No matter what your reasons, if you accept CS work, you are lining your own grave, and all of ours too. Full stop no excuses. As highlighted by the Maths teacher/CS story above.
    Shame on you. (shame that we will all pay the price)
     
  13. geffone, you are right. The fact is that during my day I had two double lessons and two singles in which in all of them I used my skill and expertise as a teacher to engage and teach classes in English and Geography, which are my subjects.. They definitely got their money's worth from me and as a supply teacher not a CS. They wouldn't have got this from a CS or anything like it. If schools want quality supply staff to cover absences they should be willing to pay the rates, however I don't think some of them realise just what the best of us do in classes. I was proud of myself today and I know the students were grateful. I think many of us supply teachers realise that we have to step up our game a bit, and maybe from time to time some aware people in schools understand this.
    The story about a CS doing long term cover on another thread should ring alarm bells for all permanent teachers, and for their unions. There has to be a limit somewhere. I don't understand how we have got to this situation where cover supervisors now seem to imagine themselves to be teachers. I didn't really mind the rise of the mum's army of teaching assistants but some of them have risen too high and too fast in my opinion.
     
  14. It is definitely a false economy to take work as a CS and although i can easily understand how tempting it seems if money is tight (we have effectively been set at each others' throats by schools and agencies, competing and fighting for daily assignments), we should not debase our profession, hard-earned qualifications and our human dignity by allowing ourselves to be exploited by greedy people. It will only store up trouble for us in the longer run, as it will allow schools and agencies to say increasingly in the future- 'well, you were willing to work as a CS before, why not from now on then?' As well as this, it will make it harder and harder to get a good rate as a supply teacher if proper daily supply teaching comes up. We must stand firm, present a united front and not start to undermine our supply teacher collegues- we've been undermined quite enough by unqualified cover supervisors, schools and agencies already. I don't mean to go on,(and i've said this before!) but 'united we stand and divided we will fall'.
     
  15. I was DISGUSTED when I found out schools were asking for cover supervisors. The only way anyone will stop this, is of parents are made aware of who is looking after their children. Parents have a lot of power these days and if they knew their kids were being baby-sat by non qualified staff,they'd be livid.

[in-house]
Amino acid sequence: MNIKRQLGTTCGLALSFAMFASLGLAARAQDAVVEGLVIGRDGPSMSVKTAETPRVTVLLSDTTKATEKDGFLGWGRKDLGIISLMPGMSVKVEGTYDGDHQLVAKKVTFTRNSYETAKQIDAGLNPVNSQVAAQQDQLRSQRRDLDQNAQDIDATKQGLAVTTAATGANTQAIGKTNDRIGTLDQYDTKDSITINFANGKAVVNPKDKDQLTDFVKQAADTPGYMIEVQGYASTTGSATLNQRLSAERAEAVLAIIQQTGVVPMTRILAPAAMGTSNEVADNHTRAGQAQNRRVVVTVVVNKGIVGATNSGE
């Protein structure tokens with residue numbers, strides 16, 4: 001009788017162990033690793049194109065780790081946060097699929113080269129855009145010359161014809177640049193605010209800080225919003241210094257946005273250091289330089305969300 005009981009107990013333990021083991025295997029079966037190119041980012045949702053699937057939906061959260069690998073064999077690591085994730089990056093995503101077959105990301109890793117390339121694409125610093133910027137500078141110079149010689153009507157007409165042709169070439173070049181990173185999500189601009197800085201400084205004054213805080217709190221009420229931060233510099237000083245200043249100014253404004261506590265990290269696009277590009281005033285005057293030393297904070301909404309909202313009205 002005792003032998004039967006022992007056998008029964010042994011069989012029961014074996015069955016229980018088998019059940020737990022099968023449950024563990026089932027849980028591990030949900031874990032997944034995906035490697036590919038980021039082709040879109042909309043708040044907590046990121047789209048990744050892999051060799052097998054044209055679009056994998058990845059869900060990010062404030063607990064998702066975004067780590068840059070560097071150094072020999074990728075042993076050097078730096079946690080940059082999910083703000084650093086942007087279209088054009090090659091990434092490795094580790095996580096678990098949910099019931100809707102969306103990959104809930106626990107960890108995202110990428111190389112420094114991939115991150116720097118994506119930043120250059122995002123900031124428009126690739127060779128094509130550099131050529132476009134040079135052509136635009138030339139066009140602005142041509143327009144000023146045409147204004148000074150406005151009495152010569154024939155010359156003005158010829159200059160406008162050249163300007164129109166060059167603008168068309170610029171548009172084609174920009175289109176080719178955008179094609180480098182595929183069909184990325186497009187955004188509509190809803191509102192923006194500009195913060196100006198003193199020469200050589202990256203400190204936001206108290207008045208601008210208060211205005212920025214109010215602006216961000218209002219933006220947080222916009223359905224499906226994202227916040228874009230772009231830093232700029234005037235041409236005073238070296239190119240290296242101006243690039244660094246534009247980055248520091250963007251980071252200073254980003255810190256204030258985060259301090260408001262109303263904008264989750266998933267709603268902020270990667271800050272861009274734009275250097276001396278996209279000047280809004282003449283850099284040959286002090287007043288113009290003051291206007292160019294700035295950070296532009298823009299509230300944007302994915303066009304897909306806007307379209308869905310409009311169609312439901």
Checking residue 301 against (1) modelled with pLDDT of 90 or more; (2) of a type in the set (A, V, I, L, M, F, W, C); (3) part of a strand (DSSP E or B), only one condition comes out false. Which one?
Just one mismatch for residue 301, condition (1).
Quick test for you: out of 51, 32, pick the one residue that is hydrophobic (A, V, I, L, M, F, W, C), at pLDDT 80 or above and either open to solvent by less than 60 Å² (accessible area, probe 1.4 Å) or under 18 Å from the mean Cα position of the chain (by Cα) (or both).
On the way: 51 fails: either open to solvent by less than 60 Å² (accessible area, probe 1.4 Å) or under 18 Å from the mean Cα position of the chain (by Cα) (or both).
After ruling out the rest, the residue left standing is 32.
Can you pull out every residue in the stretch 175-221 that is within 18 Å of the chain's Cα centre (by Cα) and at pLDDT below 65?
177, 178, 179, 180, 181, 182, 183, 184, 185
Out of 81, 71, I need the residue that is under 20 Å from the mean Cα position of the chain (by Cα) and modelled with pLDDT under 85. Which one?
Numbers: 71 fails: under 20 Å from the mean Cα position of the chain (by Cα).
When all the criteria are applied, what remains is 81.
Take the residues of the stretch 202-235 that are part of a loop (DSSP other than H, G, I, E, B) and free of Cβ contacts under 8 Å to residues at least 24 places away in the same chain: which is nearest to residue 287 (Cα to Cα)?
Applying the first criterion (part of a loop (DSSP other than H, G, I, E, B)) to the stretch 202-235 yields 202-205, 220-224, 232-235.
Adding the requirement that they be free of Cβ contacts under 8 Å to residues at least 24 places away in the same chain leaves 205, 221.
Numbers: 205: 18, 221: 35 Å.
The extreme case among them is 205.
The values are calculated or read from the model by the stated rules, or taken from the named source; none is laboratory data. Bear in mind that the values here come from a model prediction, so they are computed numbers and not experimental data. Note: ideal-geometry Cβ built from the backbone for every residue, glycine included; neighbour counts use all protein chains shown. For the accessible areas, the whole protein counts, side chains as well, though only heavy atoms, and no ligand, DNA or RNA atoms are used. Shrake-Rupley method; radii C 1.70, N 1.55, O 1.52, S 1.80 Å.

16. As posted elsewhere, I am signed up to the refusing to work as cs work "alliance". The logic of accepting cs work to make present ends meet is short term, but I sympathise with those who feel forced into it. If forced into it now, I would suggest longer term plans to escape would be later looked back on as the right decision. Teachers are worth more. £50 a day, £9000 or so a year is not a career, or fair payment for the training done, It is not fair to the parents or children to make the value of the responsibility of teaching children equivalent to supermarket wages.
    If one future year the government wants to formalise extending the role of cs, and the unions finally try to make a stand, only to be answered with the fact that "actually most cs are qualified teachers anyway who are happy to do the work and accept the pay rate", it will be what the unions, (except NUT) deserve.
    Geffone, congrats on 30 days work. I used to get that, September for me was just 1.5 days, so even though work has picked up since, I'm far short of previous autumns.
     
  17. So we're back with the astaire position. Call the people forced into this situation scabs and defend the useless unions.
    How many astaire socks on this thread?
     
  18. supplybychoice

    supplybychoice New commenter

    I'm not defending the unions - they are doing absolutley nothing to help their supply teacher members.
    ButI still call those supply teachers who devalue their profession by working a CS's scabs !
     
  19. I tried airing this issue on Mumsnet and found less than an angry response. Some parents were quite happy about it! See if you can find the thread if it is still on there (my OP was pulled because they suspected I was a journalist researching for an article but I convinced them I wasn't by referrring them to this forum. Parents are not necessarily natural allies in this as they don't understand the implications.
    We're doooomed.....
     
  20. "Is your child properly taught all day at school?" is the thread title. Go to Mumsnet, find the topics list, click on Education and then find the above thread title. Over 100 replies so far.